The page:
Being Black and strong in Madison means you’re constantly measured against and compared to your Black colleagues as if there can only be one strong and intelligent Black representative of our complex community. And if your strength dares to challenge injustice, racism and systemic impediments to the success of other Black people, you are called divisive, a demagogue or arrogant by whites.
Being Black and Christian in Madison means you’re narrow-minded, superstitious, invisible and voiceless. The broader community has an extremely limited concept of the role of faith and the faith community in the history of the success of Black people in this country and in this world.
Being Black and male means that you are expendable, statistical, unemployable, and uneducable. It therefore means society can make money off of you through incarceration, special education, and social services.
Being a Black dad means you’re an anomaly!
Being Black in Madison means you’re angry, even when you’re not.
Being Black in Madison means always explaining what it means to be Black in Madison.
Rank your Top five MCs. I love the Wu-Tang Clan. They’re for the kids, they’re also my favorite group and 36-Chambers is a better album than Illmatic, I stand by that. Listen to them side by side and you’ll know what I mean. But this is about MC’s and I’ll try and respect this rule here cuz I’m sure I’ll break many more as I go on. So let’s see here…my favorites:
- Mos Def. He should be ranked up there with all time greats but he hasn’t put out a lot of material, and he takes a lot of time between projects. At one point, I think I went eight months listening to nothing but Mos Def and Wu-Tang. Speaking of which …
- Tony Starks, also known as Ghostface Killah, has a couple classics that might not rank as high as Liquid Swords (GZA) or Only Built 4 Cuban Linx (Raekown), but has a much better discography than either, and more extensive too. His last few albums are slept on. Plus you can’t mess with his crime stories.
- Black Thought, one of the most slept-on great MCs. Word play, lyrics, flow. No one has enough Black Thought in their lives.
- Kendrick Lamar, who even outside of my favorites I think I put down as a top 5 MC right now. The strength of his few records and where he’s going as an artist are just mind blowing. He embraces the subversiveness of Hip-Hop in a way no other young MC does. He also respects its jazz and funk roots; he’s a transcendent talent. But, he could use a little more woke juice from time to time; he needs to take a Black feminist class.
- 2Pac … who will forever be better than Biggie. The poet wins over a rapper every day; Pac brought the depth of John Coltrane in the mind and body of a young Black male growing up in Reagan’s crack-infused Black America.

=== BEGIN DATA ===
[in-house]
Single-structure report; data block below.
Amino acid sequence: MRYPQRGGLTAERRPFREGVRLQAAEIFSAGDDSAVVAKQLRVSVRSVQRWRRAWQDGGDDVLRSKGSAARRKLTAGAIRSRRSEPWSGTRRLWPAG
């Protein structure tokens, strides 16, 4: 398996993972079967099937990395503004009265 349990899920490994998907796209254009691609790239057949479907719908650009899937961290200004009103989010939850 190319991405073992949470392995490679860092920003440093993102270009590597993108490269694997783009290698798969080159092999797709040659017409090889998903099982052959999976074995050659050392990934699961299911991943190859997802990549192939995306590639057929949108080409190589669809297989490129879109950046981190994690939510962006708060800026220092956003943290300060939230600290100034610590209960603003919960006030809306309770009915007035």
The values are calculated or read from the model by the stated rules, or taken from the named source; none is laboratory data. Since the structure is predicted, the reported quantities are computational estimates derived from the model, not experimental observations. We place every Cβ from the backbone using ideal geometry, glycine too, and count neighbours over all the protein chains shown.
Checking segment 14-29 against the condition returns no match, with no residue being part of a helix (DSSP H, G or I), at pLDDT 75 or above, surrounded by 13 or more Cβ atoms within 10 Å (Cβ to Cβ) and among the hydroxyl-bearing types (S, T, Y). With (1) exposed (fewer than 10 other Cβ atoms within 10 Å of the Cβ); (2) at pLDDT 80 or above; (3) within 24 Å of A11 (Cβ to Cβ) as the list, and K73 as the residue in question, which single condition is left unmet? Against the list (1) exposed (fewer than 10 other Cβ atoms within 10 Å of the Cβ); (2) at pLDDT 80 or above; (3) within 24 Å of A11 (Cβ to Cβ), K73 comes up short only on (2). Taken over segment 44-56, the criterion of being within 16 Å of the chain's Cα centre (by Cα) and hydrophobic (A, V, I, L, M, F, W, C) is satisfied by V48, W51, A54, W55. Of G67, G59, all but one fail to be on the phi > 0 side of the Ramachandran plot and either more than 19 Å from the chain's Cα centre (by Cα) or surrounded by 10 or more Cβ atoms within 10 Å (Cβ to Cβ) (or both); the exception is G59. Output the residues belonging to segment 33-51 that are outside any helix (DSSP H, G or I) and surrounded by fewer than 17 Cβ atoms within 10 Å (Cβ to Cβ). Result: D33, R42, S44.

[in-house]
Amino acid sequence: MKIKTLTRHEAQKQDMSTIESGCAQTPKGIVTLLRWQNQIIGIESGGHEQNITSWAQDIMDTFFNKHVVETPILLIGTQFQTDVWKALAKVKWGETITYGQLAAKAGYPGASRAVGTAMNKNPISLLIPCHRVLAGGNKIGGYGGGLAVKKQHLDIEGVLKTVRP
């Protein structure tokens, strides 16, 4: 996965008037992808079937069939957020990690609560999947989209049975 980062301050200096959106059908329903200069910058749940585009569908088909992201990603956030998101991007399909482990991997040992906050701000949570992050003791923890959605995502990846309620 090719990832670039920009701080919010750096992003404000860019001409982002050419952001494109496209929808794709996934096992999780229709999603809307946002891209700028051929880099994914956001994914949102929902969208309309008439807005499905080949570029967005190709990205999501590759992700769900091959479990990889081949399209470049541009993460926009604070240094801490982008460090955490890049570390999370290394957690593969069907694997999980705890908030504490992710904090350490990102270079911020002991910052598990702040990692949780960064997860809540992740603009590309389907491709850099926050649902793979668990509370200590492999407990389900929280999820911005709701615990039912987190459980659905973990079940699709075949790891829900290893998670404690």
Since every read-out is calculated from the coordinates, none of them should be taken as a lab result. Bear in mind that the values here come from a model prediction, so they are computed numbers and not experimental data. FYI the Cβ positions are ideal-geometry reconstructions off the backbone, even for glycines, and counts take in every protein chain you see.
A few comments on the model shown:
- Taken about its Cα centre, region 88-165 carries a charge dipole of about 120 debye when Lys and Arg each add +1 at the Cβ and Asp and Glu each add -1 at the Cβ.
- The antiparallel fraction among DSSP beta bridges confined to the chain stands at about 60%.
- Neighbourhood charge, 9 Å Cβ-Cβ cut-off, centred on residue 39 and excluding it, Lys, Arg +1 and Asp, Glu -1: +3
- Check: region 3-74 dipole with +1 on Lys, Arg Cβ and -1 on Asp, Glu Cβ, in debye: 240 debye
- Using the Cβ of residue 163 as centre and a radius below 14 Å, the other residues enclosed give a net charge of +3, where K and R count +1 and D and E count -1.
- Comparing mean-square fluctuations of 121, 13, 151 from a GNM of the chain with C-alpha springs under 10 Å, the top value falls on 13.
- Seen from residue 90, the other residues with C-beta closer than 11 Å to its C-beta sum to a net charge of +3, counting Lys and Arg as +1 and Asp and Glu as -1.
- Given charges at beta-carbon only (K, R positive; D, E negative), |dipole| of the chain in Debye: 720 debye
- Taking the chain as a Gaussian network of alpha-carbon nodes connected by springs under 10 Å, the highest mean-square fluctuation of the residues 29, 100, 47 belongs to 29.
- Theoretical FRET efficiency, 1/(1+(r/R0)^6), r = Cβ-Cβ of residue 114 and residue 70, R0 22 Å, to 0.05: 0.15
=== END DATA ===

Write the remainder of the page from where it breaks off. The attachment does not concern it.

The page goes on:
…and I’m pulling God’s Son, Nas, off the bench for my 6th man. He’s my Harrison Barnes. I’d also be remiss if I didn’t mention the likes of Erykah Badu, Left Eye, Nicki, and all the underrepresented and underappreciated women artists and MC’s out there in the Hip-Hop world.
Former Badger and NFL wide receiver Brandon Williams
You hold the record at UW Madison for most career receptions. What was the secret to your consistency? It is still crazy to me that I hold records in this program, because I honestly never thought about them until I was on the cusp of breaking them. Especially when you look at the great talent that came before me and after me, it is really an honor. The secret for me, though, was health. I never missed a game during my career. Now I had some significant injuries, even surgeries, but no missed games and I’m very proud to say that. From day one I came in with a mentality that I was going to start as a freshman and I accomplished that.
YWCA Madison CEO Rachel Krinski
What does it mean to be white in Madison? Being white in Madison means that it’s easy to have only superficial contact with people who are of a different race. In fact, you can live, work and play at any time or at almost all times in spaces that are mostly or completely filled with, run by and designed for people of your own race without intending for that to happen. Interracial friendship and other relationships of any depth are unlikely to happen for white people without choosing them on purpose. This is not, of course, true for people of color.
It means that your race is rarely a topic of conversation, unless you raise it. That your race is not what most people (i.e. other white people) notice about you first.
It means that you rarely, if ever, experience assumptions, slights or judgements based on your race unless you choose to place yourself in spaces where most people are of color. And that your children, if they are also white, will be assumed to be smart, good kids unless they demonstrate otherwise.
It means that you don’t have to talk about race or racial justice if you don’t want to and that you can leave the conversation any time – a privilege that people of color are very aware of.